Pismo Beach is the winter home of the Monarch butterfly that comes to stay annually from October to February. Pismo also makes a wonderful home base for exploring the Central Coast’s other attractions that include the Danish Village of Solvang (Danish for 'sunny field'), a stunning village nestled in the Santa Ynez Valley. Founded in 1911 by a small group of Danish teachers, Solvang is the place for fine restaurants serving authentic Danish cuisine, import shops, windmills, hayrides, Danish festivals and activities for all ages. It is also home of theOld Mission Santa Inés.

Pismo also serves as the gateway to Hearst Castle, a home base for exploring well-over 100 wineries (Think the film, “Sideways.”), the shops, boutiques and little B&Bs of the quaint village of Cambria, and the previously mentioned Chumash Casino. Yes, Pismo lived up to its Classic California moniker. But the real attraction was the Pacific Ocean. Yes, paradise found. We couldn’t wait to explore the expansive and pristine beaches. We could spend some serious time here. But now after seven-days on the road it was time to relax.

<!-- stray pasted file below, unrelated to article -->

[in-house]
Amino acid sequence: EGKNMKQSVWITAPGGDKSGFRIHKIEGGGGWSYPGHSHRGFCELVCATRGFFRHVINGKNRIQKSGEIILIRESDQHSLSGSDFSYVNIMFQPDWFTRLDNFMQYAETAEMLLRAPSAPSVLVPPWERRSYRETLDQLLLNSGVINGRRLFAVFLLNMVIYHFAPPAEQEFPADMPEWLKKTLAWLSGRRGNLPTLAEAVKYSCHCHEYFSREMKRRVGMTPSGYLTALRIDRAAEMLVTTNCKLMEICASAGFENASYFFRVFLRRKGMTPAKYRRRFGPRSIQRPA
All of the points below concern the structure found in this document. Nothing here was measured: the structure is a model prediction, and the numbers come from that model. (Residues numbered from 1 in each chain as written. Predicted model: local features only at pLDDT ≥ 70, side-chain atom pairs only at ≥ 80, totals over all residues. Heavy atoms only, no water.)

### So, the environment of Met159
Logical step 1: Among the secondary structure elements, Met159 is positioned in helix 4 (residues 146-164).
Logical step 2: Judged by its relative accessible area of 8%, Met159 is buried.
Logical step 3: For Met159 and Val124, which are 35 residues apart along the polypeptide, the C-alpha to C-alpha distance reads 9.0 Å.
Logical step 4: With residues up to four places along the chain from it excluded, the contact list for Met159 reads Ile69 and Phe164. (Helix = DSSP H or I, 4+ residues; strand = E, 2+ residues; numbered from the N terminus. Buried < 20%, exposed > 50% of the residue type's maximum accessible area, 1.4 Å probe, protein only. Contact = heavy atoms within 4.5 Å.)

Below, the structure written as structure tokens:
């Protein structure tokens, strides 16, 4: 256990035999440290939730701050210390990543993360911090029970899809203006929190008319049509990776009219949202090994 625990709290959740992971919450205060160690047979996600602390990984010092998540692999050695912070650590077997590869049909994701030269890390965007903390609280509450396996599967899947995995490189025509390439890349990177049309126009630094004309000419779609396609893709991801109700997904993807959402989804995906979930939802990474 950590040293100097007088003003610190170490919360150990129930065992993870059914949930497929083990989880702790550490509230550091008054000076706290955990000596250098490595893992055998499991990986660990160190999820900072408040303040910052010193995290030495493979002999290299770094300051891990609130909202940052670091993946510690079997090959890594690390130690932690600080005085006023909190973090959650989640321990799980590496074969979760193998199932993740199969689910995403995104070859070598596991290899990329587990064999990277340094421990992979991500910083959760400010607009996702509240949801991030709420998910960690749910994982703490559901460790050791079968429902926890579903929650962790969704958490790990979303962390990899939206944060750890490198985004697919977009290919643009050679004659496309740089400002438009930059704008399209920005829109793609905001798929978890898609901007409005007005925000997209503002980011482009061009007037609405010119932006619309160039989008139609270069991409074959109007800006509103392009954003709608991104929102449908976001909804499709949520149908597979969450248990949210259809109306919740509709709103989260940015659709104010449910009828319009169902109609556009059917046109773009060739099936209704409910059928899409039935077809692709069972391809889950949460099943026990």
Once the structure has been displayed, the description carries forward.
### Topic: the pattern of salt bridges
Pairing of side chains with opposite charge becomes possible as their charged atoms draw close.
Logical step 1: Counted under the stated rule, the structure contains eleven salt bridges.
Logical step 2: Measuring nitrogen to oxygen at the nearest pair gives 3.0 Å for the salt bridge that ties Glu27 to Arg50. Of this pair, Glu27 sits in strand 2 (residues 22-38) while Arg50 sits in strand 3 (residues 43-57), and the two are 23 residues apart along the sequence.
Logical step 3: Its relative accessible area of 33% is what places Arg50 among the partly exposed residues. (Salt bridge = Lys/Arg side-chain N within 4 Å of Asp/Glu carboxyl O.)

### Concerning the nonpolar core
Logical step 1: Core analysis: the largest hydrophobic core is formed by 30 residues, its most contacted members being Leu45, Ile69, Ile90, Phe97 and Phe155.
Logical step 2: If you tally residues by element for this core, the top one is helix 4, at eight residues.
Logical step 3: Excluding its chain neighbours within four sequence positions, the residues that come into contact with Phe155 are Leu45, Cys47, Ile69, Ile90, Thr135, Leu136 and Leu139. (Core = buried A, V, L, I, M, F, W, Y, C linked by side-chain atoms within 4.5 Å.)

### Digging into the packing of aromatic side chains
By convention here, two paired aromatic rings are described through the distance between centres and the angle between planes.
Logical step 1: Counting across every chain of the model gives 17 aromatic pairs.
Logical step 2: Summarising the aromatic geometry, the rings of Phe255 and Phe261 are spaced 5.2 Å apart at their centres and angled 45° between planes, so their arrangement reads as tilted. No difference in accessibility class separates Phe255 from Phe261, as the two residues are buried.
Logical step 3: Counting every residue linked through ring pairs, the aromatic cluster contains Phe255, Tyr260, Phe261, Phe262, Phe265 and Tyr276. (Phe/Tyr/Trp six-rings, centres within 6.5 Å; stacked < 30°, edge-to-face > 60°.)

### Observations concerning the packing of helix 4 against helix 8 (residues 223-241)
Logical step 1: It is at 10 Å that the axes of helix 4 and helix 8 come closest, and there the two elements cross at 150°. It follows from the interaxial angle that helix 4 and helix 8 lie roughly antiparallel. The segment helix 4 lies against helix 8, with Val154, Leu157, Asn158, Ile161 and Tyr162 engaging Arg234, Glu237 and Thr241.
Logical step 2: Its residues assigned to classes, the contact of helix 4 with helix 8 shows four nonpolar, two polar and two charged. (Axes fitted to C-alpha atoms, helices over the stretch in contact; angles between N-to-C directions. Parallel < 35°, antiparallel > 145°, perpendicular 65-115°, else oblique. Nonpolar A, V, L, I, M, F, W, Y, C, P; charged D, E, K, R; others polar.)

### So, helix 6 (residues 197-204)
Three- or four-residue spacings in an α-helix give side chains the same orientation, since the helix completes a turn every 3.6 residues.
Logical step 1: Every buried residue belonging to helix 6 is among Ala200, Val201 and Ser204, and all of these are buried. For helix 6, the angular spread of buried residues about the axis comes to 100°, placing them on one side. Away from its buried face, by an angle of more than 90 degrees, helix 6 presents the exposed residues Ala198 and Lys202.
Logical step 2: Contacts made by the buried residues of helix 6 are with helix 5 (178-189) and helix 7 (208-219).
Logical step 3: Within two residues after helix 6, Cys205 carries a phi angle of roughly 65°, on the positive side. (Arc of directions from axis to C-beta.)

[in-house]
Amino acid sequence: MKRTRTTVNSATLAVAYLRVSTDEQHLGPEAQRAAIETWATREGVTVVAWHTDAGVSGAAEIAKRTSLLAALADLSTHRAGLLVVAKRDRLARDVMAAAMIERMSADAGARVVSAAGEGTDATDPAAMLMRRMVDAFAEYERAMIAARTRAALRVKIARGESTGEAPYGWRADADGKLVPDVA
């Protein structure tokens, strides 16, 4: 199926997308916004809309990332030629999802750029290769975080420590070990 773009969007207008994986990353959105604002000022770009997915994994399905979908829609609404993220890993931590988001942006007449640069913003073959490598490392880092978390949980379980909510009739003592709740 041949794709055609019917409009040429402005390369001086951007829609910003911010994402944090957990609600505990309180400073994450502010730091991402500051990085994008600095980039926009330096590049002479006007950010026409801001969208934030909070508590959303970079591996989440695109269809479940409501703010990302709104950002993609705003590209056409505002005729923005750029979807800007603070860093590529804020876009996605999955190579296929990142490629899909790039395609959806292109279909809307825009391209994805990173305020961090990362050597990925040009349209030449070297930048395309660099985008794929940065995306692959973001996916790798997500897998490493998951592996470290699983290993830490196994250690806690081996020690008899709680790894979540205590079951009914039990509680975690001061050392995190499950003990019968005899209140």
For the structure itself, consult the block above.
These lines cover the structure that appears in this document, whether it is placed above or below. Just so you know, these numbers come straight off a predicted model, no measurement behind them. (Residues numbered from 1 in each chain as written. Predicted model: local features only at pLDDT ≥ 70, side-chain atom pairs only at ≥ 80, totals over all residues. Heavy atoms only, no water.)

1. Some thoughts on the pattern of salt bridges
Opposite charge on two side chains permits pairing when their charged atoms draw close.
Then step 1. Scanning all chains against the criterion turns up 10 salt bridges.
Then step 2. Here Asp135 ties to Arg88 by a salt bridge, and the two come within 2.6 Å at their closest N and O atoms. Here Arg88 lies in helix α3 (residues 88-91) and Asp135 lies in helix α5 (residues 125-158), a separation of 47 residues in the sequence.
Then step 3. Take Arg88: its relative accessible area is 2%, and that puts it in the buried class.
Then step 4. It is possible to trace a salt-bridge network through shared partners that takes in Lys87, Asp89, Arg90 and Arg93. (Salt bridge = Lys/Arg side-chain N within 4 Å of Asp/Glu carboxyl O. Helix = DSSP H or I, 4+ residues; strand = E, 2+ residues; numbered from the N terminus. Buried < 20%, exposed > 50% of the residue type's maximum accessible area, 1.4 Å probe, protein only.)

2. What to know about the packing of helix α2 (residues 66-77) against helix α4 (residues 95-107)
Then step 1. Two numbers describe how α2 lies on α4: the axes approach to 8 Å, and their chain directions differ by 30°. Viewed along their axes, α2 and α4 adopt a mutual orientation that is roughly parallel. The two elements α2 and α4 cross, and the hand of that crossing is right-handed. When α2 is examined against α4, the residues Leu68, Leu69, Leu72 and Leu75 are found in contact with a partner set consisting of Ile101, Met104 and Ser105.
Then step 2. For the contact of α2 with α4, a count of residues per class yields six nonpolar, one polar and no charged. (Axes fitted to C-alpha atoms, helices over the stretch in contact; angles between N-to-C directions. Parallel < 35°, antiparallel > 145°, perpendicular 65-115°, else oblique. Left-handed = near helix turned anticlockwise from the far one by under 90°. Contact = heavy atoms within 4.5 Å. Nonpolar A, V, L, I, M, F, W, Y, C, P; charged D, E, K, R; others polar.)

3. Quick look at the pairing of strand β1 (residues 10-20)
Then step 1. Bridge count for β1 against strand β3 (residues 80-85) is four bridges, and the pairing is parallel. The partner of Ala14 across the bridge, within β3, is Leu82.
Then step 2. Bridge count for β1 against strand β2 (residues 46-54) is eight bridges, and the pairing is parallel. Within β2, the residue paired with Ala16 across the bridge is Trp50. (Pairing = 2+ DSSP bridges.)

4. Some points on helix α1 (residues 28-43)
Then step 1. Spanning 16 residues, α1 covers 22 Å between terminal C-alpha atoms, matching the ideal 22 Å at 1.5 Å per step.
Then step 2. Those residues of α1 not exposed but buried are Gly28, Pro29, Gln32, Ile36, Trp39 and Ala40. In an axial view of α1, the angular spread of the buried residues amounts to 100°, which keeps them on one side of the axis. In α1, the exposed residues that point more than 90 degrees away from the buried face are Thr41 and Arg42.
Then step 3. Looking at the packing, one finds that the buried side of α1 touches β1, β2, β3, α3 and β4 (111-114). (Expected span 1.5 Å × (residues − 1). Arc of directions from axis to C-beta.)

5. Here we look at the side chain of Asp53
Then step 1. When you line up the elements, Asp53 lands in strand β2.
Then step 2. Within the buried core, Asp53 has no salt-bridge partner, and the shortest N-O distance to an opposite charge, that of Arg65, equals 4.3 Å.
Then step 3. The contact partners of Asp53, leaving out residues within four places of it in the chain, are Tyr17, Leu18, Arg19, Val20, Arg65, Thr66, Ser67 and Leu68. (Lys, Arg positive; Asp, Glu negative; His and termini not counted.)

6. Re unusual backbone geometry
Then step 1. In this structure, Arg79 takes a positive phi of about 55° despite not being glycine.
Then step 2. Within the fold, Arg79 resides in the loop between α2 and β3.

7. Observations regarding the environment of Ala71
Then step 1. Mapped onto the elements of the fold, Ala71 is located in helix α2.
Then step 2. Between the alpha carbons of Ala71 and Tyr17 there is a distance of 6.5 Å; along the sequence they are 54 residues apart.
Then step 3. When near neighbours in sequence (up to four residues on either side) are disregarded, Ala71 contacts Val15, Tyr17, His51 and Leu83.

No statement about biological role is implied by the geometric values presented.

Where to Stay in Pismo Beach

Pismo Coast Village RV Resort

Dolphin Bay Resort & Spa

Related Articles:
To San Diego By Train; 3 Things We Didn't Know About Pismo Beach; California's Central Coast: A Tale of Three Cities; Morro Bay, Central California; Cambria and Paso Robles; Wine, Waves and Whimsy in Pismo Beach; King Crabs at Pismo Beach

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Feedback for Ringo

I love Ringo's piece on historic hotels. I once stayed at the Laurentian in Montreal - is it still around, is it historic? And then there was the Heups in Bismark.

It is interesting that two of your entries are in CANADA.

Brent, Seattle, WA